Carefully inserting a long, thin probe down the throat of Gregory Rodriguez, Dr. Mangala Narasimhan sucked out jelly-like, yellow clots that nearly killed the 22-year-old college student, who was now breathing with the help of a ventilator.
Describing the clots, Narasimhan a lung specialist and director of critical care medicine at Northwell Health in New Hyde Park, New York said: “It really was gross.” The young boy’s case is an extreme example of the different types of lung illnesses that have sickened nearly 1,479 people, and claimed about 33 lives of those who vaped THC, nicotine or combined both for creating a new flavor.
Last month, Rodriguez’s lungs failed to the extent where Narasimhan’s team had no choice but to oxygenate his blood for several days by pumping it out via his neck and into an artificial lung.
After vaping an average of one cart of a day of Dank Vapes brand marijuana extract that he purchased illegally online. This counterfeit brand, investigators say is responsible for many of the lung injuries; however, no one device or substance has been linked to all these cases.
“I guess I put too much trust in them. They just seemed so legit. I never thought that someone would put poisons inside a vape cart, never through they would put a person’s life at risk to save a few bucks,” said Rodriguez.
Meanwhile, scientists and government doctors are leaving no stone unturned in a bid to find the real cause of the outbreak, which was initially blamed on tainted vape oil that contained cannabis or some sort of nicotine extracts. Researchers and regulators are personally examining various vape devices, many of which are made in China with any third-party or U.S. government safety checks.
Vapers who often see vape products as a cessation tool for getting rid of the smoking addiction, end up doing more harm to their bodies than they normally would be smoking a traditional cigarette. Vapers are probably inhaling a toxic combination of atomized oils, an aircraft de-icing chemical, and toxic heavy metals created from the heating elements used to make the “smoke.”
Vape Products Under Scrutiny
Scientists and experts say additives that are found in vaping liquid, or e-juice, as well as the poisonous materials in the devices, are enough to cause serious health problems, even death in some cases when they are heated and transferred to the vaper in the form of an aerosol.
Dr. Tony Casolaro, a former clinical chief of the pulmonary medicine branch at the National Institutes of Health says, “This appears to be an unforeseeable mixture of elements resulting from the combination of metal, heat, THC, and liquid, causing very different lung injuries.” Dr. Casolaro is now a clinical professor at Georgetown University’s medical school.
While some vape pens (e-cigarettes) undergo severe testing before reaching the consumers, many are assembled by online retailers, vaping enthusiasts, or mom-and-pop shops. E-cigarettes have been floating around the market for over a decade with more and more variants hitting store shelves in recent years. As a result, the bulky, refillable devices have been replaced by compact, hard-to-hack models with negligible regulations of how they are manufactured or the substance they might release when heated.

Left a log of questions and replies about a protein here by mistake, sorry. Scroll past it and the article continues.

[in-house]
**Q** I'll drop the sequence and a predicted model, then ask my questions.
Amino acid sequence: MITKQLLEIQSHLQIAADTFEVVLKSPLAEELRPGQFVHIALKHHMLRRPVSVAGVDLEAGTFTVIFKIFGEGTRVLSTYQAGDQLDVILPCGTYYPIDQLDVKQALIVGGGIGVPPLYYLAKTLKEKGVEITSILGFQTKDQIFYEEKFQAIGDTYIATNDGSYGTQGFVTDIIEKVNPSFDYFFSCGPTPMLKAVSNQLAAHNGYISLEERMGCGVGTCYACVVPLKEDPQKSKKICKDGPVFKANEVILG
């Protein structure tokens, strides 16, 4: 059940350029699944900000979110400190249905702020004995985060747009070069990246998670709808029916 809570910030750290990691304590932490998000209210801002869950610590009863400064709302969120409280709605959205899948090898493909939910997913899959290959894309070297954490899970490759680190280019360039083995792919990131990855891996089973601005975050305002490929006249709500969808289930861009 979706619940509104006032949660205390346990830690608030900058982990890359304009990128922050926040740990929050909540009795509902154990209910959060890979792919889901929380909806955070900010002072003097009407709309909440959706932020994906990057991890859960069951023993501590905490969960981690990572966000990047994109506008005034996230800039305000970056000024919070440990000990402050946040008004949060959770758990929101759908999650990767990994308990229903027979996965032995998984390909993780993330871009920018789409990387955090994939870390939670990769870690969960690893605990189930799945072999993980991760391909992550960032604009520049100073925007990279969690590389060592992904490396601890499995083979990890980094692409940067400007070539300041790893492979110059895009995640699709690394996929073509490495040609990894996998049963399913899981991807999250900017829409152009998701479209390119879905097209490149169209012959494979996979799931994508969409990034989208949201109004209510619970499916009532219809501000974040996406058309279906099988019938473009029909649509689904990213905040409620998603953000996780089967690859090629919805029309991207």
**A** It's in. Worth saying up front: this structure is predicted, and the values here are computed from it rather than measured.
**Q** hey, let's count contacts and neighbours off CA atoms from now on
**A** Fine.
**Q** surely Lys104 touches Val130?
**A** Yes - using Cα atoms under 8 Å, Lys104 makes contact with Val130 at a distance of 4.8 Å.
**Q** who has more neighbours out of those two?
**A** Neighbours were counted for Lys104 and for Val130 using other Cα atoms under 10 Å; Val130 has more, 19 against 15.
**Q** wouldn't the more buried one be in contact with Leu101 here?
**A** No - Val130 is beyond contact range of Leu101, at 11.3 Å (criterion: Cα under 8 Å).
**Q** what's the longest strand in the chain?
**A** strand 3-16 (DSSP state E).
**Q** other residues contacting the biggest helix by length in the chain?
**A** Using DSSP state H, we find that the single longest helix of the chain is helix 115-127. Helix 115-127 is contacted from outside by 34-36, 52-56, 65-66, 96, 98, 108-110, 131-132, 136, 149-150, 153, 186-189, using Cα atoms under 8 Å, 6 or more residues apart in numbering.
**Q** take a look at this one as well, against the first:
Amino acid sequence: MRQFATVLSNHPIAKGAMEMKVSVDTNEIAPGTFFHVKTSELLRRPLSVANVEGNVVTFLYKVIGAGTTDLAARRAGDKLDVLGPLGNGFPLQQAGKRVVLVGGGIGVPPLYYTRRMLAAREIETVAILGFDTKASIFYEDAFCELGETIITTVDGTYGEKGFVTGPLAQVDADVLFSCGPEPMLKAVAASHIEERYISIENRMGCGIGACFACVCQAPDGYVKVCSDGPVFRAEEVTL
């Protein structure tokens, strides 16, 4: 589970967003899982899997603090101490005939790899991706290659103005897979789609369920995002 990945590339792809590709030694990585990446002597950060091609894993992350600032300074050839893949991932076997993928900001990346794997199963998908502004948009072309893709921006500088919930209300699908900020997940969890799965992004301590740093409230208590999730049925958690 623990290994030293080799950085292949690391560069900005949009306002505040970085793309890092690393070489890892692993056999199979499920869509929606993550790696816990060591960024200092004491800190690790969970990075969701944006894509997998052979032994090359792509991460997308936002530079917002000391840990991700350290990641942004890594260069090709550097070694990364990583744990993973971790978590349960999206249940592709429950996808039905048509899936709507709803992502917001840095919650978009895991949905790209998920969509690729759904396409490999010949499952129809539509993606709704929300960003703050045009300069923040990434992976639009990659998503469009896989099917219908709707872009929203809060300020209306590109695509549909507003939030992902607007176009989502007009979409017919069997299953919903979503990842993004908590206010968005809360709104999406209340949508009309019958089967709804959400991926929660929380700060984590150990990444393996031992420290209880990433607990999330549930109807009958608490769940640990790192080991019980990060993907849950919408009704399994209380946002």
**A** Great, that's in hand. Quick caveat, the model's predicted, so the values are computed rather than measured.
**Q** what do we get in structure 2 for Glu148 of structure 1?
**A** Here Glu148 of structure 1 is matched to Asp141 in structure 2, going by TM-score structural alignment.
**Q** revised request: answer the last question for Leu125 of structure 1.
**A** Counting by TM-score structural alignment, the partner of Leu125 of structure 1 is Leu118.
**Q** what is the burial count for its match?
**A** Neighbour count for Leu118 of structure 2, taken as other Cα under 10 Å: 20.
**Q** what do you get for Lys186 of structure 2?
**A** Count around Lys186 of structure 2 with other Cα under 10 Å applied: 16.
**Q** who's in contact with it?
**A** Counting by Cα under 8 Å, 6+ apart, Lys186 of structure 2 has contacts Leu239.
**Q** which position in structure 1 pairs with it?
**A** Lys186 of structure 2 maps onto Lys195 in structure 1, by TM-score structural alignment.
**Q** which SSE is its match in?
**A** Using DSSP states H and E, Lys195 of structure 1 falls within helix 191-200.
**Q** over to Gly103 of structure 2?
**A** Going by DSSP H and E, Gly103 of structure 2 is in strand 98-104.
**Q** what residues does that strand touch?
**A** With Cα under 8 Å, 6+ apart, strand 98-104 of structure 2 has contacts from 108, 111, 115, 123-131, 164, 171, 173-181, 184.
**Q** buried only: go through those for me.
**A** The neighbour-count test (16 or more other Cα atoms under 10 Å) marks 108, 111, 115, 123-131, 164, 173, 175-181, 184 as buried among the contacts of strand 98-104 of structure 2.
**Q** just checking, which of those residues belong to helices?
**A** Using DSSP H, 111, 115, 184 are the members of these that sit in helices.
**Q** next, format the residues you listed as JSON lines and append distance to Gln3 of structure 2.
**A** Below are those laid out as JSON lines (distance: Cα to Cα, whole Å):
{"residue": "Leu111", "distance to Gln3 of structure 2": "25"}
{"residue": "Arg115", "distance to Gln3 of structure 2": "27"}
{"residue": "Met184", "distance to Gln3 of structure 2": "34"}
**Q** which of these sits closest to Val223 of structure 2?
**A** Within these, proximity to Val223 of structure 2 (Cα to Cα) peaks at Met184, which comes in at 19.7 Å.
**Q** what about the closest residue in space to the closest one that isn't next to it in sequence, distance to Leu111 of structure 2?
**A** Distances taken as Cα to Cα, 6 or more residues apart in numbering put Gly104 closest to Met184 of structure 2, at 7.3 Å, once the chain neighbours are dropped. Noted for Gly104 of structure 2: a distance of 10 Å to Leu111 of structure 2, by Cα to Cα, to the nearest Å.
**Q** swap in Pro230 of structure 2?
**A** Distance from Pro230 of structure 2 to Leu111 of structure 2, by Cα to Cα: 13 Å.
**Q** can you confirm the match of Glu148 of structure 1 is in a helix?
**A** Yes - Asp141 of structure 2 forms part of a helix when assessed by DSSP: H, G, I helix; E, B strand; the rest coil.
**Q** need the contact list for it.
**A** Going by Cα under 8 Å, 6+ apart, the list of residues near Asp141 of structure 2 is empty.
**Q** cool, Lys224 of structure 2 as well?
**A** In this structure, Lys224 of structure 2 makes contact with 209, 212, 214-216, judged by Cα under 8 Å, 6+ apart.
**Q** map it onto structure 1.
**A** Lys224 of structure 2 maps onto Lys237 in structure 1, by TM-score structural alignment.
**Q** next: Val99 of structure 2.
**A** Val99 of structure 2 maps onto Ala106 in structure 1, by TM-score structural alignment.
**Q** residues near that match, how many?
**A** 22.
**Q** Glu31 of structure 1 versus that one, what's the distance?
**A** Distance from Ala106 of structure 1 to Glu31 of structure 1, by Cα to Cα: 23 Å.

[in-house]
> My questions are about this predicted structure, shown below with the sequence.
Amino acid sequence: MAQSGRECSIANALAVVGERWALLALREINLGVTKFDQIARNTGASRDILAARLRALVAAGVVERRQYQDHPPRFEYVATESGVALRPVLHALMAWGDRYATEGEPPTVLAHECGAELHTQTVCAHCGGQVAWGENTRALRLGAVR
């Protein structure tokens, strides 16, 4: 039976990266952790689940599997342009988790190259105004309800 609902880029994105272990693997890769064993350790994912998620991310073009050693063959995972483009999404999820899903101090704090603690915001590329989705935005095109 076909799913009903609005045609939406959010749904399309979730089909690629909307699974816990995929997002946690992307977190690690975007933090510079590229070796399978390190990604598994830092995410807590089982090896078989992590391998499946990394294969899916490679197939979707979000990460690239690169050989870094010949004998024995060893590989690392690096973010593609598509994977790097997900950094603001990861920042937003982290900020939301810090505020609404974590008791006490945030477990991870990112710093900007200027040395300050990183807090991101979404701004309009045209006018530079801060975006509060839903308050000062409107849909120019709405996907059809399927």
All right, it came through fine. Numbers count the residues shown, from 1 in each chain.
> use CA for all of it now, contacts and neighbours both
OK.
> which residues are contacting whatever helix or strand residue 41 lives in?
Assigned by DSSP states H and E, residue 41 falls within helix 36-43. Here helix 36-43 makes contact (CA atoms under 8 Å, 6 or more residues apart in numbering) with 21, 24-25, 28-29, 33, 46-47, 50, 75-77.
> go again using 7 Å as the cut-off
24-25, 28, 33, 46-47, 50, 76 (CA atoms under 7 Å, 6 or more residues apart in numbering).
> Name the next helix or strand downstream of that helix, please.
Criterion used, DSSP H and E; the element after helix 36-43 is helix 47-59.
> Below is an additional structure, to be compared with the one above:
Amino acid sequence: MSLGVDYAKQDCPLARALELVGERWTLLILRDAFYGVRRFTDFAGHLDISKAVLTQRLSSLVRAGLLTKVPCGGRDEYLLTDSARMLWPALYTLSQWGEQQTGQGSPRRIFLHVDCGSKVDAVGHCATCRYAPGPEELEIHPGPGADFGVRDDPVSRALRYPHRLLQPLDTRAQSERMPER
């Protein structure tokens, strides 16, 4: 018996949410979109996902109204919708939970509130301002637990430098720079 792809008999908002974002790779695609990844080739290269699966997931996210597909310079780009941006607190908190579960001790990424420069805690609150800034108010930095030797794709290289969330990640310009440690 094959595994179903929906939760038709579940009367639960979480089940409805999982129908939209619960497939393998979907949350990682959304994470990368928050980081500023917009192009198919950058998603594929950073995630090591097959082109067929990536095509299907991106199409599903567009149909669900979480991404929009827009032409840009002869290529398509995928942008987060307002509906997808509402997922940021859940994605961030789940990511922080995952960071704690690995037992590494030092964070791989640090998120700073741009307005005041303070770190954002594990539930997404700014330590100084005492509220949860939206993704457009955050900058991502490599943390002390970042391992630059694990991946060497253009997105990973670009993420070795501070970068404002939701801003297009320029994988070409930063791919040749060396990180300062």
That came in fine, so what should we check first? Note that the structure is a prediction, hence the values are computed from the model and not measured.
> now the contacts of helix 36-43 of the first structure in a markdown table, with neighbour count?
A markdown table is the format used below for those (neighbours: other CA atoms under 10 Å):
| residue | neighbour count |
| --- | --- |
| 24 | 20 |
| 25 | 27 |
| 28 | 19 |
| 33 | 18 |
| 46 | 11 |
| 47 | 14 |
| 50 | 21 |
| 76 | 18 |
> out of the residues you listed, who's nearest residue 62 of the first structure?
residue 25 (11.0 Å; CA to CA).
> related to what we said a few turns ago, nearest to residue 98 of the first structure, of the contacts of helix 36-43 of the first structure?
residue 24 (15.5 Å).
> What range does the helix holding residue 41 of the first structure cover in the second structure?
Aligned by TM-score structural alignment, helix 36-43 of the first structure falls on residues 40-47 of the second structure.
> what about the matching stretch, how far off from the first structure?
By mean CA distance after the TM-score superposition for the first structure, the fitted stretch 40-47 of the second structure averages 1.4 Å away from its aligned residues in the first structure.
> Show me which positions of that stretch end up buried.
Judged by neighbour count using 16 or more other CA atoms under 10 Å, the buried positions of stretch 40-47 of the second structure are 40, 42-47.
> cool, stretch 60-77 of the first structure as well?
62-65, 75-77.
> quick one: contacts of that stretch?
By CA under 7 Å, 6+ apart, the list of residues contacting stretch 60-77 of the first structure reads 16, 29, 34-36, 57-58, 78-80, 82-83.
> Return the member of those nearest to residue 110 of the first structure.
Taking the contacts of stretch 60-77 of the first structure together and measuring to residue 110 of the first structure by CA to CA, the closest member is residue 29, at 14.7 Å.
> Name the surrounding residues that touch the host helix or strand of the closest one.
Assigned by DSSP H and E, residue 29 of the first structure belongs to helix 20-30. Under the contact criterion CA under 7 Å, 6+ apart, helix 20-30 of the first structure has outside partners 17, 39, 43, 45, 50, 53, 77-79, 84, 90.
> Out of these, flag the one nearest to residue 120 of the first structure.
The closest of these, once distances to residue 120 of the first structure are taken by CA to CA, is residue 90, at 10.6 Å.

Vaping expert Arnaud Dumas de Rauly says, “if you’re buying cheap hardware from China, you never know what’s going on there.” de Rauly, who is helping develop international regulations added that “in a certain sense, I’m happy we are having this vaping crisis. It points the finger at some things that should not be in these products.”
The FDA (Food and Drug Administration) said it has over 725 samples comprising vaping products and devices that contain e-juice, packaging, and almost empty containers to test and the Centers for Disease Control and Prevention is also establishing standards for how to test what a user inhales.
A large number of vapers who were sickened said they were using marijuana-based products; however, a few of them said they used only nicotine-based vape juice. Vape pens are compatible with cannabis or THC-based oil or nicotine liquid. The juice comes in a bottle that the user can top up his/her tank with, or in the form of a pre-packaged cartridge, based on the design.
The device does not vaporize the liquid but instead transforms it into an aerosol. According to experts, an otherwise harmless substance that might cause no damage to your body if rubbed or consumed becomes entirely different when it is heated on a metal or ceramic coil. On top of that, the device itself could be releasing toxic chemicals, especially if they are bonded either with lead or cadmium solder.